These days we are all photographers. With the advance of smart phone technology over recent years, everyone can have a go at creating a decent photographic image or even curating their own gallery space on social media, and an interest in the artform of photography has increased correspondingly.
It is this burgeoning enthusiasm for all aspects of image-making that partly led to the setting up of Photo North Festival which held its inaugural event in Harrogate last year. Next weekend sees the festival’s return to the town for three days during which art-enthusiasts, professional photographers, keen amateurs and students will have the opportunity to see a variety of exhibitions and to attend workshops and talks from established and emerging artists.
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Peter Dench is co-founder, with business partner Sharon Price, and curator of the festival. A photojournalist by trade, he is based in London where there is a steady stream of photographic exhibitions. “I often talk to the photographers at these shows and ask where it is going next. Often after a short time they just go into storage so I started thinking about how to try and keep these exhibitions on the road and to give them a new audience.”
Dench and Price are well-versed in curating and creative producing – together they founded and ran the acclaimed White Cloth Gallery in Leeds which hosted exhibitions, film screenings and workshops. “We were looking for something to build on what we had learned from that experience, so we thought we would try and establish a festival,” says Dench.
“We haven’t got a budget to commission new work but we can find what’s available and bring it here. Setting up the festival is also in part a response to the more ‘sniffy’ festivals and galleries that you often come across – we want to make photography inclusive, informal, buzzy and engaging. We want everyone to come away feeling positive, so as well as the exhibitions we have live music, bars, screenings, pop-up portrait studios, book stalls, food, discussions and competitions.”
The closing day of the festival will be an Education Day with special events planned and a student photography competition on the theme of ‘Family’. “We are encouraging universities and colleges from the region and beyond to bring in groups of students,” says Dench. “We have a schedule of portfolio reviews and talks that will inspire the next generation of image makers.”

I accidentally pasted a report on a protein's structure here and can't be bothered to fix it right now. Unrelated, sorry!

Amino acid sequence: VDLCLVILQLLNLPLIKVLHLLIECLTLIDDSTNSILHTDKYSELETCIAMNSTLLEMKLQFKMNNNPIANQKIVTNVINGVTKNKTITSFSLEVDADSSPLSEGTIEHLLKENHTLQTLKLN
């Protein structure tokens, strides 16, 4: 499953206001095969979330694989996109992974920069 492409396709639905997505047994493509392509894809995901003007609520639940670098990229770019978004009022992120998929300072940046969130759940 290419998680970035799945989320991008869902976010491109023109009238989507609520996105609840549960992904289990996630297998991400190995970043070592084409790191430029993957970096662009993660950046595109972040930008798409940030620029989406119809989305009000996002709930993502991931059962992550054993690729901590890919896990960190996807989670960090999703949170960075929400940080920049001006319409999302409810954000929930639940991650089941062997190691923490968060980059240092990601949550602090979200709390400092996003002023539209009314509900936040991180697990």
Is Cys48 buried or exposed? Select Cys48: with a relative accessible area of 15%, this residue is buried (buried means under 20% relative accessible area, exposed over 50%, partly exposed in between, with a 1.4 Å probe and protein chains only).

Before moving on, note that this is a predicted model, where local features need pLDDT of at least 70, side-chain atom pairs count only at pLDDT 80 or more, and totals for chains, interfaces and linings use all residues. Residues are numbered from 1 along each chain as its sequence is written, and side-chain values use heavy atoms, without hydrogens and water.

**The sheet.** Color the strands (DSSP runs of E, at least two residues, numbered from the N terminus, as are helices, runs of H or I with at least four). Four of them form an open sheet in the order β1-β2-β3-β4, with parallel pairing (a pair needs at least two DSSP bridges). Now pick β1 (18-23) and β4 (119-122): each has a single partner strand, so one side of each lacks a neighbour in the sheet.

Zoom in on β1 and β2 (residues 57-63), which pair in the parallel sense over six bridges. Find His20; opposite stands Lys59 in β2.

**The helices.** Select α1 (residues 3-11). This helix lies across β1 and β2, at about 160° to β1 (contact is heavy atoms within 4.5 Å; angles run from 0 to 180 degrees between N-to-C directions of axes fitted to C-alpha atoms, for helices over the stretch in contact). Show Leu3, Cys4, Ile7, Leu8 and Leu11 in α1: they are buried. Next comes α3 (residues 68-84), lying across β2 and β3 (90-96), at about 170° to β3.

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The festival team have assembled a pretty impressive roll call of internationally renowned photographers including Margaret Mitchell, Mik Critchlow, Denis Thorpe, Jim Mortram, Craig Easton and Carolyn Mendlesohn exhibiting, as well as work from emerging artists. “It’s very important for us to show up-and-coming photographers as well as established ones, to help give them a leg up,” says Dench. “And we also try and have a healthy dose of Northern interest. One of the driving forces behind the festival was our desire to get world-class work out to a northern audience.
The northern connection features in several of the exhibitions on display including Mik Critchlow’s Coal Town – a series of photographs of his home town of Ashington in Northumberland. Formerly the centre of the British coal industry, the town and its people are captured at a time of rapid social and environmental change. Also featured is distinguished photojournalist Denis Thorpe’s View from the North, photographs documenting life in the north of England from 1948 to the present day.
“There is a Bradford-based photographer called John Bolloten who is interested in people living on the margins of society and he has a series called Love Story which is about a couple called Gary and Maree. It documents their lives over an eight month period,” says Dench. “We exhibited John’s work last year and we support photographers like that – if you keep producing high quality, impactful work we will keep showing it.”
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The images are quite hard-hitting – Bolloten’s previous work has explored drug and alcohol addiction, homelessness and vice in Bradford – and is one of a number of exhibitions in the festival which are highlighting social issues. Jim Mortram’s Small Town Inertia, an acclaimed piece of photo reportage which documents the lives of disadvantaged and marginalised people living near his home gives voice to seldom-heard stories. Mortram believes photographers should take direct action with their work and his exhibition fee, along with money raised by the festival, will go to Harrogate Food Bank.
Other highlights include Scottish photographer Margaret Mitchell’s In This Place which looks at social inequality and how life choices are often dependent on circumstances; Dafydd Jones’ Screen Time observes our modern obsession with smartphones and the possible long-term social consequences of a lack of human connection; Craig Easton’s Fisherwomen celebrates the traditional and contemporary role of women in the British fishing industry and Carolyn Mendelsohn’s Being Inbetween is a portrait series of girls aged 10-12 navigating the complex journey from childhood to young womanhood.
There is a selection of photographs from the Getty Images archive and We Feed the World, a series by a team of photographers compiled over three years, captures the challenges and triumphs of 50 farming and fishing communities around the world. “We want to raise questions, encourage debate and inspire,” says Dench. “The very best we can hope for is to effect change. Each of the exhibitions in the festival has been chosen to do that in their own way.”
Photo North Festival, Harrogate Convention Centre, November 30 to December 2. www.photonorthfestival.co.uk